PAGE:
Biggest questions for Jets as training camp opens
Is Eric Decker the No. 1 receiver the Jets have been missing?
The Jets thought they had a top wide receiver when they brought Santonio Holmes over from Pittsburgh in 2010. But Holmes spent his four seasons in New York battling injury and ineffectiveness while developing a reputation as a problem in the locker room. That's pretty much the trifecta, "Well, he hasn't played well ... and he's hurt all the time ... and no one likes him ... but other than that!"
With former second-round pick Stephen Hill yet to prove he can be an impact player, New York offered big money to lure away one of Peyton Manning's top targets in Eric Decker. Decker is coming off a monster season in which he caught 87 balls for 1,288 yards and 11 TDs, and before you credit that all to playing with Manning, keep in mind that he grabbed 8 TDs in 2011 while running routes for Kyle Orton and Tim Tebow. In other words, he's legit.
Can Milliner erase memories of Revis and Cromartie?
The Jets once had two of the most feared corners in the league playing alongside each other in Darrelle Revis and Antonio Cromartie. Now, both are gone, and second-year man Dee Milliner will be asked to justify his own lofty draft expectations. Milliner suffered through an uneven first year in which he was benched at times, but seemed to come on late.
The Jets have what is widely regarded as one of the best defensive lines in the sport, and first-round pick Calvin Pryor should help in the secondary. But they'll also need Milliner to emerge as at least a starting caliber corner if they are to thrive in Rex Ryan's aggressive defensive system.
How good is Chris Johnson?
Chris Johnson is a little like one of those solid MLB sluggers who randomly throws up a 50-homer season in the middle of their careers. For most of Johnson's tenure, he was a very capable runner, routinely eclipsing 1,000 yards while averaging around 4.5 yards per pop. But then there's that 2009 season.
In Johnson's second season in the NFL he erupted for 2,006 yards and 14 touchdowns, while averaging an absurd 5.6 yards per carry. Judging the rest of his career against that and everything else looks like bitter disappointment, particularly for the Titans who signed Johnson to a generous contract extension based on that performance.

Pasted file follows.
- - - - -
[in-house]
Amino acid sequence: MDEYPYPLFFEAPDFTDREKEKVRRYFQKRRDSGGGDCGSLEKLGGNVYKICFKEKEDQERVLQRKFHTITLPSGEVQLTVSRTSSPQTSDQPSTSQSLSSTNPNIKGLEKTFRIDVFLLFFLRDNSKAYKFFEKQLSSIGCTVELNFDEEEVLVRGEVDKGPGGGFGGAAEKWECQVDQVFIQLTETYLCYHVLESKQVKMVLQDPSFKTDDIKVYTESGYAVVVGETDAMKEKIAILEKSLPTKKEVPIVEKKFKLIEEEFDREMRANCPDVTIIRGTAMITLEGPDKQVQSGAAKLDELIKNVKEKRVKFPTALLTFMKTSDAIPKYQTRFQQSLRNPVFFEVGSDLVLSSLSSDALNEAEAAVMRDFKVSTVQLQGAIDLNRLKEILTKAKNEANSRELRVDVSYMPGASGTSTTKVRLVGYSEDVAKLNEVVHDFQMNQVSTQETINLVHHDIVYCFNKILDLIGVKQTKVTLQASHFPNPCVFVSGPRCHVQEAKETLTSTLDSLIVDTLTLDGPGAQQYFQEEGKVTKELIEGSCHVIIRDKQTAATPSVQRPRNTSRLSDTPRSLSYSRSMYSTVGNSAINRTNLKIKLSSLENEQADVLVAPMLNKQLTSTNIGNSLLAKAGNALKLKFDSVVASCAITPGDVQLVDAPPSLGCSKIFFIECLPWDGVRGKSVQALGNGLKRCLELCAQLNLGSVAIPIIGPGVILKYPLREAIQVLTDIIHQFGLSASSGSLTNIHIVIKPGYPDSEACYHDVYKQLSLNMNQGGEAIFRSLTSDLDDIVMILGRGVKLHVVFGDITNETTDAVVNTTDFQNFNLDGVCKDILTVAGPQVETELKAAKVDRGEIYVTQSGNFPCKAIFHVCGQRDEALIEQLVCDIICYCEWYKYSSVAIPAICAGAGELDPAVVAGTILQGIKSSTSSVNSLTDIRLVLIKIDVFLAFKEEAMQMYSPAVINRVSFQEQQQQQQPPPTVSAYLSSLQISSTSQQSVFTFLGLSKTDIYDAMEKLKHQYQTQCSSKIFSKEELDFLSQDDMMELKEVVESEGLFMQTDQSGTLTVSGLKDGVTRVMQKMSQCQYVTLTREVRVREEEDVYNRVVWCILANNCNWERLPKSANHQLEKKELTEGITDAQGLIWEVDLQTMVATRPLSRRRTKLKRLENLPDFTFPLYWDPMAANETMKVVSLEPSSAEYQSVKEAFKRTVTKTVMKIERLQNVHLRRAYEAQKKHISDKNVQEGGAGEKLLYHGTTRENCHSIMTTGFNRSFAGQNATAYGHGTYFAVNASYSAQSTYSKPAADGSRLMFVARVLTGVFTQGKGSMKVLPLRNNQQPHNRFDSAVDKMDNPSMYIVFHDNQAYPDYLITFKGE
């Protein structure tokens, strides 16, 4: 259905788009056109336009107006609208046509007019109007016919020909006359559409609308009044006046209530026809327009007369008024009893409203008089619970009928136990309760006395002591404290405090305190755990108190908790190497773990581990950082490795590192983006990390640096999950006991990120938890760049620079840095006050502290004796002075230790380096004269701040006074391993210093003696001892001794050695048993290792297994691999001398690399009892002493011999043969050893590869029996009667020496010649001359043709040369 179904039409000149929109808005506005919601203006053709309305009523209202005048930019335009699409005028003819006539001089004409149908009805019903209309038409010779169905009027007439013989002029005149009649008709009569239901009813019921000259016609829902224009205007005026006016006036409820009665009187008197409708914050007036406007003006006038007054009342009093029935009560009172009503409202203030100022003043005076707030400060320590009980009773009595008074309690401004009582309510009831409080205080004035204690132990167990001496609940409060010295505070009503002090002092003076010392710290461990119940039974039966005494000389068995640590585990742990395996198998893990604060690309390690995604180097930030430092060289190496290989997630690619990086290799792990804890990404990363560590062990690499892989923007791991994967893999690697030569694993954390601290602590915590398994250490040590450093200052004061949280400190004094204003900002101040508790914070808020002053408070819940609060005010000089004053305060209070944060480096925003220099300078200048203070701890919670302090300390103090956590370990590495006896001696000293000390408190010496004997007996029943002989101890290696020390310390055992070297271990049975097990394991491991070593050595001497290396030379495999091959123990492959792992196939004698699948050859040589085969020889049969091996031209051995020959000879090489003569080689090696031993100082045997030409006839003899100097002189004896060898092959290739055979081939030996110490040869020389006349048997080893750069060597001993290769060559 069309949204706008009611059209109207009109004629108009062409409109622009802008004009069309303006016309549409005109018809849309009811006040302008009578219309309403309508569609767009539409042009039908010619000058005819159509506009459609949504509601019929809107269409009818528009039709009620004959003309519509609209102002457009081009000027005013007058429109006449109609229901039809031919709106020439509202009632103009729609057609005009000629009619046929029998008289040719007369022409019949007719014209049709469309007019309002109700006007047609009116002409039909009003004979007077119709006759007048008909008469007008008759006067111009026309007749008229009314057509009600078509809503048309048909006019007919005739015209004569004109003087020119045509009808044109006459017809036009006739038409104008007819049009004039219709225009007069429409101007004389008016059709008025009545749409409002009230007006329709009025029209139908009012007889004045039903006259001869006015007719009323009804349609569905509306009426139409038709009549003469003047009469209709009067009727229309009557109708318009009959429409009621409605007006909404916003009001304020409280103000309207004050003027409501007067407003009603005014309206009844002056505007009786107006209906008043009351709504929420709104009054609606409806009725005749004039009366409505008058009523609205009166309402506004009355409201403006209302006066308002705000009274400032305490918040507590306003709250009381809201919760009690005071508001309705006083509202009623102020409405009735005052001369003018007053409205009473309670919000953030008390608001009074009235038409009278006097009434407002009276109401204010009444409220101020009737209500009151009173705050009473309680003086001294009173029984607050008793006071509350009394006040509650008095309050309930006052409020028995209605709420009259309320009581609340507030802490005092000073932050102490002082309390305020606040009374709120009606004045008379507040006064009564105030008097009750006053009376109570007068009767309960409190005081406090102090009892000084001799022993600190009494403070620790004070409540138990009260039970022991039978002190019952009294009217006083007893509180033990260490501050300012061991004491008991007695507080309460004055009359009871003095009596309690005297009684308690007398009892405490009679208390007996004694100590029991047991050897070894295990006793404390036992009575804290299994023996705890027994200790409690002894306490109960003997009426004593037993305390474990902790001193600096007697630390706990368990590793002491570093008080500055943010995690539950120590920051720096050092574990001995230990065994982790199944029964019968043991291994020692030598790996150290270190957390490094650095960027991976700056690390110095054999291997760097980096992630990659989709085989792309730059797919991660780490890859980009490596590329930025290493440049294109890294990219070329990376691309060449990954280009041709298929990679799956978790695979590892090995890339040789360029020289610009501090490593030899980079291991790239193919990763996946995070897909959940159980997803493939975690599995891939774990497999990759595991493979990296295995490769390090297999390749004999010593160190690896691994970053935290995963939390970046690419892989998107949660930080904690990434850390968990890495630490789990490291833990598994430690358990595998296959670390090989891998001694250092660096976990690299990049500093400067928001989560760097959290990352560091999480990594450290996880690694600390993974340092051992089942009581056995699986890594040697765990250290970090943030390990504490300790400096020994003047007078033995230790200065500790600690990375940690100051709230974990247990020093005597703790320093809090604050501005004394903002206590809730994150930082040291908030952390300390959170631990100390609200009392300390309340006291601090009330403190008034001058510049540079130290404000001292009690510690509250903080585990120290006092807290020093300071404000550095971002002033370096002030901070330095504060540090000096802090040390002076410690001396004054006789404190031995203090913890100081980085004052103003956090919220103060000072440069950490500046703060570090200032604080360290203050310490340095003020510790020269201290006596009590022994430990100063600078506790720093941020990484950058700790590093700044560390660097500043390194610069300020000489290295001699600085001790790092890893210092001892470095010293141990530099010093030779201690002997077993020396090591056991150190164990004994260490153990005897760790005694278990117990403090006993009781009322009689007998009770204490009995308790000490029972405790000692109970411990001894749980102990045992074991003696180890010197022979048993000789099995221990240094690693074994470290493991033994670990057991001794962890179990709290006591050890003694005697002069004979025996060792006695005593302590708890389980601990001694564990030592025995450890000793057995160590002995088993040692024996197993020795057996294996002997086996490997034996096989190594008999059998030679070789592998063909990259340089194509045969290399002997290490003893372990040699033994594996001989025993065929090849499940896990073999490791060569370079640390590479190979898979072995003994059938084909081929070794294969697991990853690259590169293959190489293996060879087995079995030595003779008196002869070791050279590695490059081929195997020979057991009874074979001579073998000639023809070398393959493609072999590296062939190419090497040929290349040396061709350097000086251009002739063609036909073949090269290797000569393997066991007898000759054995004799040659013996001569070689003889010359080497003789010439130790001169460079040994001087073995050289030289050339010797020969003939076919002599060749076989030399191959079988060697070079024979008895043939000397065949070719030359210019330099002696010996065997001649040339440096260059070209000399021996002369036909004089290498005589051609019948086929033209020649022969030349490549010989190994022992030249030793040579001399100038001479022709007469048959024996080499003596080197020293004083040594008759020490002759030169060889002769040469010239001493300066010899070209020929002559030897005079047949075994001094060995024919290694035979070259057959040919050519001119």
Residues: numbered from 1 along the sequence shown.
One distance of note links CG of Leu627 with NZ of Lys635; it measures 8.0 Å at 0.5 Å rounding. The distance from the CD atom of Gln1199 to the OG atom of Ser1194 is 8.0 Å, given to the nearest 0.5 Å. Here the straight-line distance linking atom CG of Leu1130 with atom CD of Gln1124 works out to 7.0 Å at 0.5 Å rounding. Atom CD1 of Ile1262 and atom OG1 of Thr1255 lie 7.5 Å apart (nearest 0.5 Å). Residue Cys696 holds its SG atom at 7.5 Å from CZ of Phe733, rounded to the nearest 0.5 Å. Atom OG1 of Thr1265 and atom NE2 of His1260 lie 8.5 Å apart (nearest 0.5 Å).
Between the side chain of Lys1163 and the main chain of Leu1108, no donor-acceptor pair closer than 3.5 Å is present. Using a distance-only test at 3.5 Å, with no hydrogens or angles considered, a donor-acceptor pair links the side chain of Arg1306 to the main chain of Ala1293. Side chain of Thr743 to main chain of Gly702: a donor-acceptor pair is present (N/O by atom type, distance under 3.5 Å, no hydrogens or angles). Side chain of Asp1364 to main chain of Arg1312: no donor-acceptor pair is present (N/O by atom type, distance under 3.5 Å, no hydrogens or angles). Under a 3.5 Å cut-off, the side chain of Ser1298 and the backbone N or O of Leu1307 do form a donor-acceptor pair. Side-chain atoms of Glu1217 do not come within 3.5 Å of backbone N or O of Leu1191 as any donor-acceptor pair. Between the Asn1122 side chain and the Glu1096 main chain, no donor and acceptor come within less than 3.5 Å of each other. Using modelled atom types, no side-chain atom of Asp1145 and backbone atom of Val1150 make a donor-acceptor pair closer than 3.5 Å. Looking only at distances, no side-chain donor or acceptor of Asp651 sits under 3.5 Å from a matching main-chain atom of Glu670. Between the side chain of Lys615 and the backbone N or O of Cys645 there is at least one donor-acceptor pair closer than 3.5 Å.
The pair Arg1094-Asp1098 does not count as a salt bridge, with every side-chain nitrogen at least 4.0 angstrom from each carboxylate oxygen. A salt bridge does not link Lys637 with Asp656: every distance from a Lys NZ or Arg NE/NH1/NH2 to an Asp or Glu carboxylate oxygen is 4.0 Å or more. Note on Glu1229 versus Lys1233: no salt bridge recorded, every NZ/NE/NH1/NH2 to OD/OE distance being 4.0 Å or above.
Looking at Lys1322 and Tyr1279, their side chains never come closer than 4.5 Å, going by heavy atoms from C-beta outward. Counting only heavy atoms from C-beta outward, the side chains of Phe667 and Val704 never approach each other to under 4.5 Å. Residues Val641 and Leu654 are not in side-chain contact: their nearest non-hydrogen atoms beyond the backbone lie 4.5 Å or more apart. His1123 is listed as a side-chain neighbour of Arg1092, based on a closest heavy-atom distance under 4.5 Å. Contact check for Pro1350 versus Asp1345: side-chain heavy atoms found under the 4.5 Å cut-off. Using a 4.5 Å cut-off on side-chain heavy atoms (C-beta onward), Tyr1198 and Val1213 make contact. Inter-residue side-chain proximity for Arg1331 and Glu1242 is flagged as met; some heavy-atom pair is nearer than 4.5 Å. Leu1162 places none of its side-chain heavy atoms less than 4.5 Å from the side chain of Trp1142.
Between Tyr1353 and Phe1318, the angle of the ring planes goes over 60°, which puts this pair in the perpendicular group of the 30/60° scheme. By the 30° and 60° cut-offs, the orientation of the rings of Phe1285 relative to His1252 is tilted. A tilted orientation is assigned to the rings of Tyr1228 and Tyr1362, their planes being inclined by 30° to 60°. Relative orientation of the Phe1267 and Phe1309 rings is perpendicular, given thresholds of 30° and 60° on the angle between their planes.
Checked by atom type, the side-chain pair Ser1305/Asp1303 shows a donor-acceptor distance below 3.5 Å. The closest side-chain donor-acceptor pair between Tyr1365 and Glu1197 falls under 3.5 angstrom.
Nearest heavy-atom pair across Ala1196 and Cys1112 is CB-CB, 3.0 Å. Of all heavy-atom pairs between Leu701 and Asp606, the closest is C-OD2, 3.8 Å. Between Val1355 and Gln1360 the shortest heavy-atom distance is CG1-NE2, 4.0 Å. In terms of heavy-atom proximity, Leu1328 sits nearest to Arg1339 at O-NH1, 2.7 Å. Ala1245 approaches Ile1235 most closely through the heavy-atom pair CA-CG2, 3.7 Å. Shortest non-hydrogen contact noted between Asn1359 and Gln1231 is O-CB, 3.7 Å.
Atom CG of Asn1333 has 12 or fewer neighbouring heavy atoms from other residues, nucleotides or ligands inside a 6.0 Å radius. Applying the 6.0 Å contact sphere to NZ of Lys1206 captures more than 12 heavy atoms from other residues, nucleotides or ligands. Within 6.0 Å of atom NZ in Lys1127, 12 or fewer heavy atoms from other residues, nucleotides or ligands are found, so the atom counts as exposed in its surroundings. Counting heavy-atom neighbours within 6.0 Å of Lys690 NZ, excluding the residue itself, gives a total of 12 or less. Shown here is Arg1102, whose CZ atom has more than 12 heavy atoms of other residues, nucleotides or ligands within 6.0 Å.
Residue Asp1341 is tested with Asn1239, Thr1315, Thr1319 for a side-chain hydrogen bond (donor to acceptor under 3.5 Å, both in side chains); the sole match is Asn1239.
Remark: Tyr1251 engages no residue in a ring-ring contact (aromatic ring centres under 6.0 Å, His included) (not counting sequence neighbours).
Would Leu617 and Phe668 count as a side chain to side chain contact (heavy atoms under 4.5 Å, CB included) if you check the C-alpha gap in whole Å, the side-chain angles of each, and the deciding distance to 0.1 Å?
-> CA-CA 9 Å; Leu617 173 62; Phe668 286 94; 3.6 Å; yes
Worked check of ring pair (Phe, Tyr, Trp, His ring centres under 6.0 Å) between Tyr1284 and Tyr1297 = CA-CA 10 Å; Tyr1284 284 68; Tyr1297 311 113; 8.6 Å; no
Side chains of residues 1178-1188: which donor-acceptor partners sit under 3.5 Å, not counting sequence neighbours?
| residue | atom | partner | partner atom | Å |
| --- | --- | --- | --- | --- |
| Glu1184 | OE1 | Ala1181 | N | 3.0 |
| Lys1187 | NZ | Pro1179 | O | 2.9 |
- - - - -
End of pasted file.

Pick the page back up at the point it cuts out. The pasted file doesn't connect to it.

The Jets won't need Johnson to be CJ2K, and would certainly settle for the consistently productive runner he was for most of his time in Tennessee. With Bilal Powell and Chris Ivory already on the roster, Johsnon merely fitting in among a trio of running backs would probably be enough to boost what's been an anemic running game in recent years.
Is Muhammad Wilkerson the best player in New York?
Muhammad Wilkerson was the consensus "Best player you've never heard of" prior to last season. After 2013's monster campaign, the budding superstar may still not be a household name, but he may well be the best player in New York, in any sport.
Wilkerson posted his first season of double-digit sacks with 10.5 in 2013, but those numbers don't begin to express his impact on a game. The versatile Wilkerson can play multiple positions on the defensive line in Rex Ryan's defense, and his ability to stuff the run and pressure the passer make him a unique threat in the AFC. If the Jets are to be the contender that Rex Ryan keeps promising they will be, expect Wilkerson to be perhaps the biggest reason why.
Can Rex Ryan finally back up all that talk?
After a humbling 6-10 record in 2012, the Jets saw a quieter, gentler Rex Ryan in 2013, which is really no Rex Ryan at all. The Jets head coach enters this season clearly feeling better about his roster, as the bombast of years past has returned. Ryan has already promised a return to the postseason, and made waves when he responded tersely to a question about whether he worries about the Patriots:
"Somebody asked me if we focus on New England. Bull---"-," Ryan told the New York Post. "We're focused on us. We're focused on us and how are we going to be better. I have to be honest, I don't worry about them. They need to worry about us. I think that's really where we're at now."
Though the Jets are coming off a third straight playoff-less season, last year's over-achieving team seems to have gotten him off the hot seat, which makes sense when one considers he's one of the few coaches in the sport that gives his team a distinct advantage on a side of the ball, and he is already one of the most successful coaches in the history of the franchise. But mostly it's just good to have mouthy Rex back. It's more fun for everyone.
How much will Michael Vick push Geno Smith?
Had Geno Smith been a first-round pick instead of a second-round one, his status wouldn't be even remotely in doubt. But such is the way with expectations. Smith had about three seasons in one during his rookie year, as he impressed early on, regressed badly in the middle, before showing signs of life by season's end.
Smith did enough in 2013 to enter camp as the entrenched starter, but not enough to convince the team that they didn't need to bring in competition. To that end, the Jets turned to veteran Michael Vick, a quarterback who comes with his fair share of controversy, but who is also well versed in offensive coordinator Marty Mornhinweg's system. Vick isn't the playmaker he was in his youth, and the Jets likely hope not to have to use him, but his presence does mean that Smith won't be allowed to struggle indefinitely for a team that has playoff aspirations.